• Initial symptoms are secondary to direct irritant and corrosive effect of iron. In larger overdoses, lipid peroxidation causes further injury. Complaints include:

    • Epigastric pain

    • Nausea / vomiting

    • Diarrhoea

  • In more severe cases

    • Haematemesis

    • Vasodilation

    • Third spacing

    • Hypotension

  • Metabolic acidosis may also develop during this initial stage leading to the latent phase being “by-passed”.


STAGE II – LATENT PHASE

A period where there is a deceptive apparent improvement in the patient’s gastrointestinal condition. It is often tempting to discharge such patients.

However, in the seriously poisoned, a metabolic acidosis is evolving. This may be compounded by a lack of adequate fluid resuscitation.


STAGE III – SHOCK, MULITORGAN FAILURE, ACIDOSIS

  • Loss of adequate tissue perfusion and multiorgan failure: most deaths occur during this stage.

  • Shock occurs secondary to gastrointestinal haemorrhage, vomiting, third-spacing, vasodilation, and reduced cardiac output (due to myocardial toxicity).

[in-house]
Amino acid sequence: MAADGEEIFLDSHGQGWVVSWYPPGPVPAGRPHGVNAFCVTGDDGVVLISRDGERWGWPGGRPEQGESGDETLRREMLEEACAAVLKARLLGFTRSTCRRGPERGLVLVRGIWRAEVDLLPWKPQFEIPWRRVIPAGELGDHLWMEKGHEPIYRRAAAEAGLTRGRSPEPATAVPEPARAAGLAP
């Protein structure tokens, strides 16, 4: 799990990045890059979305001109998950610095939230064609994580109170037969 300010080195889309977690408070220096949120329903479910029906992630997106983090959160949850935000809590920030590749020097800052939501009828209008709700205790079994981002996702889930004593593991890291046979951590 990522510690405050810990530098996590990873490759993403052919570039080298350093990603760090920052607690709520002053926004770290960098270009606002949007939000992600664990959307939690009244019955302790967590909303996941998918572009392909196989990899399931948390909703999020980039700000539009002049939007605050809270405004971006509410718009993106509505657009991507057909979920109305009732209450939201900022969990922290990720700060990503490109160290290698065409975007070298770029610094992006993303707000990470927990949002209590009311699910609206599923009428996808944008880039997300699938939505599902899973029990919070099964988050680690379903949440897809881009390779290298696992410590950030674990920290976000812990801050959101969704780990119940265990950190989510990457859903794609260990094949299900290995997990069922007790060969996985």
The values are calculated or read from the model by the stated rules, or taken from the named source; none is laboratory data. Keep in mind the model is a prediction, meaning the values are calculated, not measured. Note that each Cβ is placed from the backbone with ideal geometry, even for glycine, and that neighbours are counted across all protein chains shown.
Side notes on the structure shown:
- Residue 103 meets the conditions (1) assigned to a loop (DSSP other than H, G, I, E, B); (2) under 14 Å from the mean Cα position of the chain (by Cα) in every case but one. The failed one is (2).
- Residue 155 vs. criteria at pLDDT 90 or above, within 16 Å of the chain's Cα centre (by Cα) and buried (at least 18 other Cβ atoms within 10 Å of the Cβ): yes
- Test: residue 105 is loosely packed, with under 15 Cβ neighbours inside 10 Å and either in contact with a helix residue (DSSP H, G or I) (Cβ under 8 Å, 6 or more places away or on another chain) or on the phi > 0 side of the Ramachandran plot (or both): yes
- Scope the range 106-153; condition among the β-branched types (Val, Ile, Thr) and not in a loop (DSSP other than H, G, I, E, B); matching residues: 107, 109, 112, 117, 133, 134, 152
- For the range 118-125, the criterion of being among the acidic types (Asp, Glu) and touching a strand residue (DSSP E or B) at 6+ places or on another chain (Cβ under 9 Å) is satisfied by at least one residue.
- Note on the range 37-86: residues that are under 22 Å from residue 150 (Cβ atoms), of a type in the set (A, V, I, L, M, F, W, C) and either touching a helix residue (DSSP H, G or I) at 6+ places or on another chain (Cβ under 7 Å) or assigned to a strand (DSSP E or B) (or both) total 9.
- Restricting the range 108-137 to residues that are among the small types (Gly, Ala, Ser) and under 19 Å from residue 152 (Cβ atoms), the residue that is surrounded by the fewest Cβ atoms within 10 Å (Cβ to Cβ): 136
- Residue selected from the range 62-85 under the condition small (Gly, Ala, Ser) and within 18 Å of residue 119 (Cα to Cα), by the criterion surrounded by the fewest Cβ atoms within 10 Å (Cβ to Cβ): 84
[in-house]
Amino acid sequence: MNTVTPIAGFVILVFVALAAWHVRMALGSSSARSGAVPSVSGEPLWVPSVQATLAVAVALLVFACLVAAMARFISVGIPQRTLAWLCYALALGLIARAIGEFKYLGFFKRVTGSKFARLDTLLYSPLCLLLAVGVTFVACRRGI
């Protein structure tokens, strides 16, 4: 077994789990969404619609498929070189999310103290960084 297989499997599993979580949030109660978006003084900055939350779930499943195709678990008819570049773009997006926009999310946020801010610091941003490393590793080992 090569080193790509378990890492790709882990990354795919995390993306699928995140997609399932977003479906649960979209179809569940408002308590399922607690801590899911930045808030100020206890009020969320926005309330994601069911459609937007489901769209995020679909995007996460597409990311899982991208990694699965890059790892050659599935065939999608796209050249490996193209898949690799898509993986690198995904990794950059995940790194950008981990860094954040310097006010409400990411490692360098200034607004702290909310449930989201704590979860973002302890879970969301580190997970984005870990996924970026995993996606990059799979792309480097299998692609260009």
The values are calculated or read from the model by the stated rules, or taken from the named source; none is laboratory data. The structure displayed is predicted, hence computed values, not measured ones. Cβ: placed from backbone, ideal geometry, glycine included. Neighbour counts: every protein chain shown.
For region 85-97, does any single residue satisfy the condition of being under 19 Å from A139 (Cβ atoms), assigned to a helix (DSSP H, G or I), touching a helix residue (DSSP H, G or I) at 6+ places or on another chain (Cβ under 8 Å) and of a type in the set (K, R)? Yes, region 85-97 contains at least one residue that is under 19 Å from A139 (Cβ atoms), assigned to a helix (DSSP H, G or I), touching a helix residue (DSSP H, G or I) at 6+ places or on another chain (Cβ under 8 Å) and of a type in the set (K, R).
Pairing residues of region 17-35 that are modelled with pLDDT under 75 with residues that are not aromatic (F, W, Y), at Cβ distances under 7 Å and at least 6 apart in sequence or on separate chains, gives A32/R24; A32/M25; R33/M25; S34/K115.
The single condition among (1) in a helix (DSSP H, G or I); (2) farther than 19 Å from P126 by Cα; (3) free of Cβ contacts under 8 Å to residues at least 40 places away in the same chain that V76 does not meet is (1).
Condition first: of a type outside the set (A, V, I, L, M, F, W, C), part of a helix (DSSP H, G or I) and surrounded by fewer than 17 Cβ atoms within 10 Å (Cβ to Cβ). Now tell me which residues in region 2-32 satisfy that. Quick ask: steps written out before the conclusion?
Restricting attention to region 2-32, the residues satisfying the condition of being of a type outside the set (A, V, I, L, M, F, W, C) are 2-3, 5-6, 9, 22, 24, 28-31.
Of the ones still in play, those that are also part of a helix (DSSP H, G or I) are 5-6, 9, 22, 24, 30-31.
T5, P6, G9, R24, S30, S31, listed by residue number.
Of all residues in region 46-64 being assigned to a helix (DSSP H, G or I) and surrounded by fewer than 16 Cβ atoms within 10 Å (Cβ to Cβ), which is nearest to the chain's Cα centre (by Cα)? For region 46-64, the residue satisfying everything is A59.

• Multiorgan failure related to inadequate perfusion and direct toxicity ensues and results in:

    • Altered mental status / coma

    • Seizure

    • Acute renal failure

    • Pulmonary oedema


STAGE IV – HEPATOTOXICITY

  • Hepatic dysfunction is a poor prognostic sign. Patients suffer related:

    • Hypoglycaemia

    • Coagulopathy and haemorrhage

    • Jaundice

    • Hepatic encephalopathy / coma


STAGE V – GASTROTINESTINAL OBSTRUCTION

In survivors mucosal injury may lead to the formation of strictures. Though usually occurring at the pylorus, they may be found throughout the gastrointestinal tract. Actual obstruction is, however, rare.